The Electric Kool-Aid Acid Test

by Tom Wolfe

The Electric Kool-Aid Acid Test is Wolfe’s account of the psychedelic adventures Ken Kesey, the author, and his band of “heads” (acid heads), the Merry Pranksters––often in their crazy hippie bus. Having met Kesey in the midst of his drug possession trials in the late ’60s, Wolfe cobbled his book together from firsthand accounts of the Pranksters and their acquaintances, as well as letters, videos, and audio recordings. He relates their early experiments with LSD, making a huge mess-of-a-movie to capture the experience, into the days of their massive Acid Test parties, Kesey’s holing up in Mexico to avoid his prison sentence, and his subsequent return to the States to face the music and take things Furthur. And the book’s really something special, not just because Wolfe took pains to go beyond giving an accurate account of events, trying to get into the state of mind and the feelings in the moment, but because he succeeds.

There was a passage maybe a quarter of the way through The Acid Test where things feel like they really take off. I mean, it’s not to say that anything’s bad beforehand or anything, but it starts off fairly straightforward, with Wolfe providing context for what he understood of Kesey and his Pranksters when he took on the project, and then we suddenly get Neal Cassady––of On the Road fame––giving a breathless monologue to a cop, who pulled them over in the middle of a forest fire, about the bus’ handbrake that doesn’t actually do anything. From there, the book becomes surreal, absurd, and hilarious for a long, long stretch.

(And I must say that the author’s revisiting of that initial time with the Pranksters showcases his incredible growth at the end of his journey with them, this growth that goes unstated and unnoticed until he says it and it hits you, how he was quick to judge them when he first met them, but, as he spends time with them, as he learns what they’ve done and where they’re going, he gets it.)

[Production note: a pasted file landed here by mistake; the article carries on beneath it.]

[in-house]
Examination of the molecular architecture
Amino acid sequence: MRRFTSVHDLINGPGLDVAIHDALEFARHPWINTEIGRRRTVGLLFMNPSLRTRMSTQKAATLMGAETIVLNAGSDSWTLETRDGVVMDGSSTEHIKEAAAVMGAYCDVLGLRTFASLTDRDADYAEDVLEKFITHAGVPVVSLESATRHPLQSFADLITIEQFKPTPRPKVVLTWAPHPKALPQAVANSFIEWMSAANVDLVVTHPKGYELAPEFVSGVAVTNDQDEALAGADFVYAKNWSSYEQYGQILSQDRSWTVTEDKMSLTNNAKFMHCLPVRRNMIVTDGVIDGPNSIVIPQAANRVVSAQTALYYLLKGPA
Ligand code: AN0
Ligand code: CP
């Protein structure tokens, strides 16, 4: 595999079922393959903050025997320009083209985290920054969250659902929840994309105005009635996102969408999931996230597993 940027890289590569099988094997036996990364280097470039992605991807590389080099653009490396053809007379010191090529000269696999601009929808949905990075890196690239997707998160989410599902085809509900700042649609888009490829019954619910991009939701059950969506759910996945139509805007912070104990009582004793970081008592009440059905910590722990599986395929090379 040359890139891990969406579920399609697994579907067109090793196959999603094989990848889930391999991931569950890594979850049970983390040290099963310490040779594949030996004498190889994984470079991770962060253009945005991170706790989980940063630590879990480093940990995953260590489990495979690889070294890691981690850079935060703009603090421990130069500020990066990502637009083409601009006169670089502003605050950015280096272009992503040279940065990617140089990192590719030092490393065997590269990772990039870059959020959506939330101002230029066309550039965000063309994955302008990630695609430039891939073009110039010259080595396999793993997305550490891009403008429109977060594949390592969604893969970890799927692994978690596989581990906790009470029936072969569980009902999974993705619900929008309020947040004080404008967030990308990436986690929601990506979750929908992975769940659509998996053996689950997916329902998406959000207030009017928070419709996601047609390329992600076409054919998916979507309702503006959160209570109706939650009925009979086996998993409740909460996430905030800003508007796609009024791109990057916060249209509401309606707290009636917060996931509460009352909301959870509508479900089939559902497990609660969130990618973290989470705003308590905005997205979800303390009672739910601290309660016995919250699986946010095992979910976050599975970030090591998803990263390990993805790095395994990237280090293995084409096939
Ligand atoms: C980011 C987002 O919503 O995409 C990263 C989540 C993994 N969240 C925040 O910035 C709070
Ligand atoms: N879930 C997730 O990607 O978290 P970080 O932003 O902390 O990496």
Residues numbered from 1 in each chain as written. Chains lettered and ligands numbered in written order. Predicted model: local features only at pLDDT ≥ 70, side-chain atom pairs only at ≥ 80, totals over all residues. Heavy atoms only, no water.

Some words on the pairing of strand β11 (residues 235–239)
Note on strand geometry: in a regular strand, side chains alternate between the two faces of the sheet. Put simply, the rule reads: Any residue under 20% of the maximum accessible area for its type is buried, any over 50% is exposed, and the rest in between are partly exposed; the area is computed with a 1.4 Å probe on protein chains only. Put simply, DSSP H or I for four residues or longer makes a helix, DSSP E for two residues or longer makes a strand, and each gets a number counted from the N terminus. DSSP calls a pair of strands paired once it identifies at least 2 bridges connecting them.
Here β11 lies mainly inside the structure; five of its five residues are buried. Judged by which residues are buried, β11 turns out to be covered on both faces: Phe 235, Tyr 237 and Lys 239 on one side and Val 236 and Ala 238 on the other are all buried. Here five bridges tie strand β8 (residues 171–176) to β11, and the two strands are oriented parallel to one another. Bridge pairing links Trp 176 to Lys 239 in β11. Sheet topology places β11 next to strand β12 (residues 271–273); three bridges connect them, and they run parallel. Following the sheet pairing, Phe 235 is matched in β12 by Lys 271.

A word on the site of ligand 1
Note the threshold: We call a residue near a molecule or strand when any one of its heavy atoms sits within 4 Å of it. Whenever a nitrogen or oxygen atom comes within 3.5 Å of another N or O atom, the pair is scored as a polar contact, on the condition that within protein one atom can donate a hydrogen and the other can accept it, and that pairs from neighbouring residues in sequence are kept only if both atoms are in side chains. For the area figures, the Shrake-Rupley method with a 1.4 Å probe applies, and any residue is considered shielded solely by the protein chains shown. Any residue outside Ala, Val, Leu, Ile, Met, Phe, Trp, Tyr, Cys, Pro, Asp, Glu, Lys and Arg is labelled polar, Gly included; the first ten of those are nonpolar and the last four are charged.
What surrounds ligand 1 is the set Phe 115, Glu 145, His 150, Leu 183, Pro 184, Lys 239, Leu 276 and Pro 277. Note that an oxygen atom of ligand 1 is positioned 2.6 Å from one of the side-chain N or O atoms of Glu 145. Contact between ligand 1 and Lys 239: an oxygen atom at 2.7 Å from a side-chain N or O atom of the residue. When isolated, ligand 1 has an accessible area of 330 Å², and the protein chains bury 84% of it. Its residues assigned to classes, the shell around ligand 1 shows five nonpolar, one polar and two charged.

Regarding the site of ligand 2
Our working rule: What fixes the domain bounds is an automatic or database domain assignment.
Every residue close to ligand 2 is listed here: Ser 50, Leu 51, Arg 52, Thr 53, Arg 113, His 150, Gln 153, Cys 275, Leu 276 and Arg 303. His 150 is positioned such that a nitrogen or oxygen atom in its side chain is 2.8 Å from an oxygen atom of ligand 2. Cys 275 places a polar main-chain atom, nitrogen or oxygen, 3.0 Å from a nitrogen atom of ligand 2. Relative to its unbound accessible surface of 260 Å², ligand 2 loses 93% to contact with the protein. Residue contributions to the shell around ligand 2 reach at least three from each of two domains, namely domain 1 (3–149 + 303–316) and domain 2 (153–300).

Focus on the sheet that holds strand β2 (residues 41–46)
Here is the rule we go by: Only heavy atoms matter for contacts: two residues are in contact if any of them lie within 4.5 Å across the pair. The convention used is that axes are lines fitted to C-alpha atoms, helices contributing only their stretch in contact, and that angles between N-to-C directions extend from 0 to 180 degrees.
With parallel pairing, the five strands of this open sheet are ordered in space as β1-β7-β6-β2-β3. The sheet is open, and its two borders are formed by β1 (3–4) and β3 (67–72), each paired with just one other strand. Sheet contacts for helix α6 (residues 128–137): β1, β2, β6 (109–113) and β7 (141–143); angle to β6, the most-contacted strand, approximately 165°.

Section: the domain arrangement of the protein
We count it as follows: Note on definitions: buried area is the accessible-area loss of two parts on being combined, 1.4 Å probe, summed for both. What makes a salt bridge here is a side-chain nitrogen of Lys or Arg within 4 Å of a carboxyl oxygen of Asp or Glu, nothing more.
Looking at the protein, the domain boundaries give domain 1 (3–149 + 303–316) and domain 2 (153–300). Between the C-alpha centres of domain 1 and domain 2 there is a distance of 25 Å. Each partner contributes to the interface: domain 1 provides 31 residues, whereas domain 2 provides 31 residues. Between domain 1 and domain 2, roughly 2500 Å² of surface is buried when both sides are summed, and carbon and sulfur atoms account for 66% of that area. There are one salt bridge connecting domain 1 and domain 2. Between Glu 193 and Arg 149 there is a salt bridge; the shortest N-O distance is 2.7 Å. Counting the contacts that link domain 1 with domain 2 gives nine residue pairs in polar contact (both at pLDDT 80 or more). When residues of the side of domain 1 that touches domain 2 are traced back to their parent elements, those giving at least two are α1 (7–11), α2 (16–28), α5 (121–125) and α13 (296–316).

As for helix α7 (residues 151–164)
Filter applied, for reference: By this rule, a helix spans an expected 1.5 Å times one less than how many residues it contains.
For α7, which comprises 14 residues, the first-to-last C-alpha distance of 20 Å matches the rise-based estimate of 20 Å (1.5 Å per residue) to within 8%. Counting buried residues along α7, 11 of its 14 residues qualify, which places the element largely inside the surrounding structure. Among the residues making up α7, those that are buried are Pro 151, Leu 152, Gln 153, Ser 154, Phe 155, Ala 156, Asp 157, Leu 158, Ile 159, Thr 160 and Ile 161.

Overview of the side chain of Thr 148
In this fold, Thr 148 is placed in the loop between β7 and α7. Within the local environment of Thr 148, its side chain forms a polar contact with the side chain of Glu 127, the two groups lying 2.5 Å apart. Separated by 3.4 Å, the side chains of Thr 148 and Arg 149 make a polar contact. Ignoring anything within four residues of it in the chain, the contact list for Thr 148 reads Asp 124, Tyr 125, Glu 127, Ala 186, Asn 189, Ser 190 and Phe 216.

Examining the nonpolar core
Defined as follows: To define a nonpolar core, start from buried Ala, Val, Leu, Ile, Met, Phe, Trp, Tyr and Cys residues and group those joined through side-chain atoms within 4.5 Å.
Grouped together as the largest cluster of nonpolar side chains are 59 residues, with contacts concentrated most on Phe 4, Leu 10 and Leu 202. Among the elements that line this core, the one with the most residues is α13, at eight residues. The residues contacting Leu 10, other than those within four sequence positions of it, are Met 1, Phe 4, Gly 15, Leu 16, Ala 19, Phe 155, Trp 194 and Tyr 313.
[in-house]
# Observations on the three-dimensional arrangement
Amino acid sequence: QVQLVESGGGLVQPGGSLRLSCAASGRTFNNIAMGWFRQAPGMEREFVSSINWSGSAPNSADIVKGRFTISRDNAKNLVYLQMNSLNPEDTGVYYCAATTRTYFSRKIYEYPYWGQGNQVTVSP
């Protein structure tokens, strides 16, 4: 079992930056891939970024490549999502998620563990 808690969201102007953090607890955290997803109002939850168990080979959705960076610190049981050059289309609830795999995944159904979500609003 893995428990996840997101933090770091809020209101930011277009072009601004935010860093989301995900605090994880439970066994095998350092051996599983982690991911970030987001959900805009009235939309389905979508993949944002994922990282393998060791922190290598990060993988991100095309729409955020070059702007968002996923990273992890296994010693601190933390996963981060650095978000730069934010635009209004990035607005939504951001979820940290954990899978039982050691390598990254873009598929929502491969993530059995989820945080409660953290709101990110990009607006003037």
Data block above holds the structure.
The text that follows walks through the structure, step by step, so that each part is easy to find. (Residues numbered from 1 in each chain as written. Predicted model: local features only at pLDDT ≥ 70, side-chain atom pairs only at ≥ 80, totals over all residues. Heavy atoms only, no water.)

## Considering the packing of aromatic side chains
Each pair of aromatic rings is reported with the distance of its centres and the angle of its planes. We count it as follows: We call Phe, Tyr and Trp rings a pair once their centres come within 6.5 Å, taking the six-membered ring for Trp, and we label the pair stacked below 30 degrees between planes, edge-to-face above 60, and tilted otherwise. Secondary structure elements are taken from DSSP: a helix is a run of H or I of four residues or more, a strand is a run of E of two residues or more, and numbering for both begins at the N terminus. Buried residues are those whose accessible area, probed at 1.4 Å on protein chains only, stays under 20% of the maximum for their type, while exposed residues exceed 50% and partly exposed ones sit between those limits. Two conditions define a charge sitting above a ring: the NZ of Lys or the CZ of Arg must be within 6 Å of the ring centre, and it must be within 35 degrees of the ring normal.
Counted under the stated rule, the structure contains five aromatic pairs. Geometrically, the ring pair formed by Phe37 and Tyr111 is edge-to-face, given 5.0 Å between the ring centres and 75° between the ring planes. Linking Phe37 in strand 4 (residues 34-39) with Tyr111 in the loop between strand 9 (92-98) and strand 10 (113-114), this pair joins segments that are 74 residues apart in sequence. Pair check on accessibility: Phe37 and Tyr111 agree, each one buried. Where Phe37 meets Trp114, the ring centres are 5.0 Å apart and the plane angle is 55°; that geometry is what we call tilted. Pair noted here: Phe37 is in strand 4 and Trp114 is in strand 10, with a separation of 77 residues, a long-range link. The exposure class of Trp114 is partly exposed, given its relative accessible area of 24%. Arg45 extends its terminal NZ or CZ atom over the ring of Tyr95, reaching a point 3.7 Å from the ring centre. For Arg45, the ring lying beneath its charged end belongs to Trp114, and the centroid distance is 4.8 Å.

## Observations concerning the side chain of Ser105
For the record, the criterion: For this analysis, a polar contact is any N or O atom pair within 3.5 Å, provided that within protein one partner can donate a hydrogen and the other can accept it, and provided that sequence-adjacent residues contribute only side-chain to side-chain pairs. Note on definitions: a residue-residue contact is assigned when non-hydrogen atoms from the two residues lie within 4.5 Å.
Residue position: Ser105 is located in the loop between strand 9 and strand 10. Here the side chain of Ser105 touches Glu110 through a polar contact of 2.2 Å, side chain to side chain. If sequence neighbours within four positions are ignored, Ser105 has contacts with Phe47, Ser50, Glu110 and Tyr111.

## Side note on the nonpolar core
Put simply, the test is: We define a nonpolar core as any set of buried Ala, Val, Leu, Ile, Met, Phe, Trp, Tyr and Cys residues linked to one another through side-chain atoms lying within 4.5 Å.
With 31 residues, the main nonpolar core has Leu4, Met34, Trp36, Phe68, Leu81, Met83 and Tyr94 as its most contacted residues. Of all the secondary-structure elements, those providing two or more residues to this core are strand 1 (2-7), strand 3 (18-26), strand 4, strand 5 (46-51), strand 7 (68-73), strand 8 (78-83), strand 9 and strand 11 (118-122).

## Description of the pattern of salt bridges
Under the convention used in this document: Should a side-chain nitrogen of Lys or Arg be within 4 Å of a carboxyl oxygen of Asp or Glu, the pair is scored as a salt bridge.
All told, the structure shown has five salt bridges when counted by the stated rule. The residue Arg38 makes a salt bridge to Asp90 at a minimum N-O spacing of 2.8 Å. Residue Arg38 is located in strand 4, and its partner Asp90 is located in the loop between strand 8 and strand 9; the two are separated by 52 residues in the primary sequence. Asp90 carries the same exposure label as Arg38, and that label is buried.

But the book’s so much more than a farce. Part of the reason the author succeeds with capturing the moments and the emotions is that he’s so adept at writing with descriptive language. It’s not just visually descriptive stuff; it’s down to fine details, like nuances of speech, that make these real-world people feel real. And he shows a great understanding of the culture he describes, such as when talking about the attraction of psychedelic drugs to the heads and when trying to get to the heart of the psychedelic experience. Here the writing almost mimics the work of authors who were heavily influenced by drugs, Kesey included, and it works.

This deep understanding of the culture and the experience, however, is probably the most significant thing that hits you while reading, and it’s really hard to describe just how effective Wolfe is here. There was another passage where he got me, where Kesey and only two other Pranksters drop acid and start rolling around in the mud. Nobody else on the bus took a hit, but the joy, the euphoria of the moment just washed over them all, and it was almost as if they all did it. And I felt it, too. And that’s really why The Electric Kool-Aid Acid Test is something special: Wolfe gets you on the bus.